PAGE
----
Most of the old Native American and traditional American farm corns are very good eaten in the milk stage (for us) and dry well for animals. As kids, we used to sneak into the cornfield next to the ranch I worked on and pick a few ears of corn to roast on the ground. I think it was the best corn I’ve ever eaten. No one ever told me it was “cow corn.” You can find many, many choices in the Shumways or Native Seeds/SEARCH catalogs. Choose a variety that says “roasting ears and livestock feed.” We’ve grown a lot of Cherokee White Flour, Hopi Chinmark, and Hopi Blue corn for dual purposes. If you want “sweeter” corn, try using True Gold or Country Gentleman; both are open pollinated sweet corns that have a large enough ear to use dried for stock feed.

" Jackie

Old dried beans

Jackie, I just found your site and I love it. My question is, I have a lot of dried beans (pintos) in my food storage and they are old, and will not soften up to eat. What can I do with the beans or is there any way they can be used as food?

Gail Robertson

I’ve had pretty good luck with those old beans by soaking them in boiling water overnight (pour boiling water on the dry beans, then let sit overnight in a cool place), then rinsing, using fresh water, boiling them for an hour, and packing them into canning jars to within an inch of the top, pouring the water on to within an inch of the top, adding ½ tsp. salt to pints, 1 tsp. to quarts, then pressure canning them at 10 pounds pressure for 75 minutes for pints or 90 minutes for quarts. (If you live at an altitude above 1,000 feet, consult your canning manual for directions on adjusting your pressure to suit your altitude, if necessary.)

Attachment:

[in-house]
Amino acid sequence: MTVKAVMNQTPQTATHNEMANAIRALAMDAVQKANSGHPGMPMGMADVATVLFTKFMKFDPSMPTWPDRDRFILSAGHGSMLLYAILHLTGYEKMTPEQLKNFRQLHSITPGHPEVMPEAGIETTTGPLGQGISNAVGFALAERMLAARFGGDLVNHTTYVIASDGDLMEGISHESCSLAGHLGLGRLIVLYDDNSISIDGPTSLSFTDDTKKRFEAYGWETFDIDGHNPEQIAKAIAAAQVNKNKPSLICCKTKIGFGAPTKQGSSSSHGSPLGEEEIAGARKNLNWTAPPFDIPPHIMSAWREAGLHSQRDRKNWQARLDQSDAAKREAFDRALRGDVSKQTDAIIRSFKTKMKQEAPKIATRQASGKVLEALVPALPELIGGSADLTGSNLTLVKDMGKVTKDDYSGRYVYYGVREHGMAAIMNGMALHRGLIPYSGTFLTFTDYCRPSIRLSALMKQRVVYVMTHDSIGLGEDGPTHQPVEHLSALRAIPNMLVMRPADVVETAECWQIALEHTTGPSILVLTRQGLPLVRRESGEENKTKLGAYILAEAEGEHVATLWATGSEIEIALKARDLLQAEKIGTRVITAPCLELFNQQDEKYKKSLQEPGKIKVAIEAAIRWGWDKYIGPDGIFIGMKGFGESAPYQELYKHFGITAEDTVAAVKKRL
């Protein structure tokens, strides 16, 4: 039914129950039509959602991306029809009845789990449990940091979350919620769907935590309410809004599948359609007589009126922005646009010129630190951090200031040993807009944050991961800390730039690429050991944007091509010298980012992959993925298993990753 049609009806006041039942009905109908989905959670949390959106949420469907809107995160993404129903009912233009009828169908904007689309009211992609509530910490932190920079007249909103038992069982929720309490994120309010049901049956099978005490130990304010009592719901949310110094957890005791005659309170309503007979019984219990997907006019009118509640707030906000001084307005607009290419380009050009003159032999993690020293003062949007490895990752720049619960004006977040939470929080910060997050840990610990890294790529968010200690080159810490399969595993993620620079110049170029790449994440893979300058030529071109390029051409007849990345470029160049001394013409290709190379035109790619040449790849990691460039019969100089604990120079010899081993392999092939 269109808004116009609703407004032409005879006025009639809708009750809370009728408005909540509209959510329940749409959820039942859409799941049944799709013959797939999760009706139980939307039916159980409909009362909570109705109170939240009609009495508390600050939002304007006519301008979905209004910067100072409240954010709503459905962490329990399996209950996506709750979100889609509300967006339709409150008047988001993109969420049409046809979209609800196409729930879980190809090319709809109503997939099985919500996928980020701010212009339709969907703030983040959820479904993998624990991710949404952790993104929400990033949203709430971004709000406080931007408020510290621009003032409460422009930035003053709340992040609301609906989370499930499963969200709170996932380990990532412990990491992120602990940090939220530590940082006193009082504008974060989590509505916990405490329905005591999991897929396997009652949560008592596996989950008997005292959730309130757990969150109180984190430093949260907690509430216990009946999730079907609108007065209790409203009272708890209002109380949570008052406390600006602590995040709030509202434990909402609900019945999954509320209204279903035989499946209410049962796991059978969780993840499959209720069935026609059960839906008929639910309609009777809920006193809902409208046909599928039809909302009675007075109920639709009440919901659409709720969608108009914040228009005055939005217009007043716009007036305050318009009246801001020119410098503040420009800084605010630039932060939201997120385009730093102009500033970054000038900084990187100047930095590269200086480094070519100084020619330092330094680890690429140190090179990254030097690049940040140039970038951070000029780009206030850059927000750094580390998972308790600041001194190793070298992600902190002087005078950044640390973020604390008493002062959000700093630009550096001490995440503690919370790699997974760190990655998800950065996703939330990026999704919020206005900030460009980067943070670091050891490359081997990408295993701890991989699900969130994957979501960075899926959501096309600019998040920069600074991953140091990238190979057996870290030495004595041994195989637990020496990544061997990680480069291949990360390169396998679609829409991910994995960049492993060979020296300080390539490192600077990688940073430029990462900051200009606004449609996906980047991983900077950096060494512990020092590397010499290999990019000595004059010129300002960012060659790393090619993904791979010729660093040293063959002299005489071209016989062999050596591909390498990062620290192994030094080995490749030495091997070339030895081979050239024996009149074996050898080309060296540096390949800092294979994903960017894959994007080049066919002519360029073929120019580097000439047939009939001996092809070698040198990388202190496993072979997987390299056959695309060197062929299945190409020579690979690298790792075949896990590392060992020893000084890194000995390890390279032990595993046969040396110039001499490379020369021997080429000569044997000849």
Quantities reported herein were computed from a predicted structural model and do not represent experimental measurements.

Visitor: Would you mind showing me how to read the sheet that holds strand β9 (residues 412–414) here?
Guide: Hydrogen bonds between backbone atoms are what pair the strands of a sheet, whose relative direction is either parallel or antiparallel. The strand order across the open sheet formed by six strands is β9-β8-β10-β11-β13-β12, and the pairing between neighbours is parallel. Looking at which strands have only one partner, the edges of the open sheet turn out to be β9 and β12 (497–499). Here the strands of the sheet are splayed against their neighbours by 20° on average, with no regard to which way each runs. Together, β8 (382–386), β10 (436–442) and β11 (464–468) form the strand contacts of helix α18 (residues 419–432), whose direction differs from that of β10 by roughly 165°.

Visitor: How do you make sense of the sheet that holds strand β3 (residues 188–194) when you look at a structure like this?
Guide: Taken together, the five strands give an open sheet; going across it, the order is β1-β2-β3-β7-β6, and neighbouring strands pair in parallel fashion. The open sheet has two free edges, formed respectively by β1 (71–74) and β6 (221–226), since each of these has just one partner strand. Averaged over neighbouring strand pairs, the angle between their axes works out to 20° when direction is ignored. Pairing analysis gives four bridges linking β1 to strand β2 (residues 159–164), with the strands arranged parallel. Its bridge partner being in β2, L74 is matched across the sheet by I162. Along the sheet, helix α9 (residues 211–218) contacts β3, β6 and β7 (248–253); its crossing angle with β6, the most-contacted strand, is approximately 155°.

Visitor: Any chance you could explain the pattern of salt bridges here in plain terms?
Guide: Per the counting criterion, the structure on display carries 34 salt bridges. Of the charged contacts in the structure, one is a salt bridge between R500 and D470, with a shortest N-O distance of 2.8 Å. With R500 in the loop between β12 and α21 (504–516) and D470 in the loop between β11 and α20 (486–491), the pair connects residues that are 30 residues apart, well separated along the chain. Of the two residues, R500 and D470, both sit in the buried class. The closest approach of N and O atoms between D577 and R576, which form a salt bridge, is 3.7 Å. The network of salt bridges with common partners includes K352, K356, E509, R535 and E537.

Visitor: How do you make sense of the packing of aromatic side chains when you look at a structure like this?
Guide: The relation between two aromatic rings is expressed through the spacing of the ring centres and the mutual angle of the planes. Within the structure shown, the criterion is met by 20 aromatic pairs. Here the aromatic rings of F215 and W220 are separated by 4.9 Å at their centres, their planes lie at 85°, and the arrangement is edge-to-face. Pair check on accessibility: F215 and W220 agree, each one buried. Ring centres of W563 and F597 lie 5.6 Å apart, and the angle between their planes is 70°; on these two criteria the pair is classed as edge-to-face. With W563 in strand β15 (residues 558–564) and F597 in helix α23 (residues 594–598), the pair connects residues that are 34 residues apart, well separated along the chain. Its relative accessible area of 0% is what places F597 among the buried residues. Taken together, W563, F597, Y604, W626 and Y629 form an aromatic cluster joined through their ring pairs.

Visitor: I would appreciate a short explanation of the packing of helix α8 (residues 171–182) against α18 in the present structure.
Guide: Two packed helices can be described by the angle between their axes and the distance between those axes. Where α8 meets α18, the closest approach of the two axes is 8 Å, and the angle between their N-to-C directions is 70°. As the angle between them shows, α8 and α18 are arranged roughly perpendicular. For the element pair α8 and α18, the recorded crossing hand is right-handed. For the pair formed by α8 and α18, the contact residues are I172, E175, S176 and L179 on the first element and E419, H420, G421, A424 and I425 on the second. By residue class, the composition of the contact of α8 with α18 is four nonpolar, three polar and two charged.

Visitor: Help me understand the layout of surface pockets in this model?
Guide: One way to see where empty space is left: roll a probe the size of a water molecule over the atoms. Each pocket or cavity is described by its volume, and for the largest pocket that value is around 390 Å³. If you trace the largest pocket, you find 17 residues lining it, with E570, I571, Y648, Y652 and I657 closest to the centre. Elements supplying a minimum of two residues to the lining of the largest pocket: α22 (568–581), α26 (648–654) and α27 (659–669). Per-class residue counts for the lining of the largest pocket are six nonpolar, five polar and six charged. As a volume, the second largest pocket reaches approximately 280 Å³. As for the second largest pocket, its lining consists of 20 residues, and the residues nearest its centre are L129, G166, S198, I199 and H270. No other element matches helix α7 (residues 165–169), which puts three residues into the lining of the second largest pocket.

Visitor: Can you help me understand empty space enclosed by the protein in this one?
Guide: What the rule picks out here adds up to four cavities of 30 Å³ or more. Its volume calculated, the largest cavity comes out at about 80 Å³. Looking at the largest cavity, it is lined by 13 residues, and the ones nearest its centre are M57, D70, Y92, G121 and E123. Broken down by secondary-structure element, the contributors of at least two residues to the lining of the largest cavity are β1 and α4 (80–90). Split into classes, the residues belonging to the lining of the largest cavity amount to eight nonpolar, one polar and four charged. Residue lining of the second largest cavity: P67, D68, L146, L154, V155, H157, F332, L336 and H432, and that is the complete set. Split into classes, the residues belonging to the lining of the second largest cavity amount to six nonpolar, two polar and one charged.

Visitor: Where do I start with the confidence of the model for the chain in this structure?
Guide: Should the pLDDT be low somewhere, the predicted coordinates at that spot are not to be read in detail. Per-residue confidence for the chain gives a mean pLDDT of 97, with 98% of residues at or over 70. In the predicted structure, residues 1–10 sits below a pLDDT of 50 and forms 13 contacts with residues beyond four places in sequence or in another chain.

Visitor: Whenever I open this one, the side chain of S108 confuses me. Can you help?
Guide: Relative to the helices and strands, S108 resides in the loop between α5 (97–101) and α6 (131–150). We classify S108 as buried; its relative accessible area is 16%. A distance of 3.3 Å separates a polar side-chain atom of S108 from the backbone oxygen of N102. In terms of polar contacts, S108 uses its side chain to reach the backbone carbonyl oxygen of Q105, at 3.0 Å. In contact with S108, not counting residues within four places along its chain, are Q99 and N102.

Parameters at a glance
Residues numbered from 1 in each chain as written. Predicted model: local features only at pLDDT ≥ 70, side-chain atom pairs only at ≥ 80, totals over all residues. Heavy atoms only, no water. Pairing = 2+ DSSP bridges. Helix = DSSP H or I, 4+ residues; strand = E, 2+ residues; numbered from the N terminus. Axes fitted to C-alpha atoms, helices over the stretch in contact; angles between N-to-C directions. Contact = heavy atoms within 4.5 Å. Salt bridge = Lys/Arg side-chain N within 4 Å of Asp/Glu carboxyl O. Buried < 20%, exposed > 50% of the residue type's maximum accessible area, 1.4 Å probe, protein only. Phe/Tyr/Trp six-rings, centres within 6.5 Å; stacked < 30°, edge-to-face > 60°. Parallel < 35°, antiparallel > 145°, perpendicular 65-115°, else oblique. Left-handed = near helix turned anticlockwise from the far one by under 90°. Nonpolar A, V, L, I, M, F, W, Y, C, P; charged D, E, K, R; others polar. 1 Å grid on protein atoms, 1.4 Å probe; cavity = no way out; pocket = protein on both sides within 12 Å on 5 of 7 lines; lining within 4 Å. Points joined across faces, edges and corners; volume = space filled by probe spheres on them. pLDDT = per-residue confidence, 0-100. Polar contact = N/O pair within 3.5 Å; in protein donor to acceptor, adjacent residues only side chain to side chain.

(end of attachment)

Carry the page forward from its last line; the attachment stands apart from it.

The pre-soaking, boiling, and pressure canning seems to help a great deal. If they still seem tough, pulse through a blender before you use them to make kind of a bean mash; it’s good in most recipes calling for pintos, including refried beans.

Another way to use them is to make bean flour out of them. Run them through your flour mill or meat grinder to chop them fine, then whiz them in your blender to make bean flour. You can use this in a variety of recipes. It thickens gravies and makes dandy refried beans when you add boiling water and simmer with spices in a pot on the back of the wood stove or in the oven. I’m sure a slow cooker would work too.

" Jackie

Rose geranium essential oil for tick repellent

I was catching up on reading and have a comment on your tick advice from the April 11 issue. One natural deterrent for ticks is rose geranium essential oil. Add 10 to 25 drops to 2 tablespoons of vegetable or nut oil, shake together in a glass jar to mix. Dab a drop or two on clothing or skin before going out. This has a shelf life of about 6 months. For pets with collars, a drop or two of the essential oil directly on the collar once a week does the same thing.

Now for the question. We will be building a house on the top of the ridge that runs across our property. We’re planning on taking up canning as we get our gardens up and running. The top of the ridge is at 1003 feet elevation. If I set up canning in the basement it will be below 1000 feet. In the first floor kitchen it will be above 1000 feet. With it being right on the line, do I need to use the higher pressure when canning?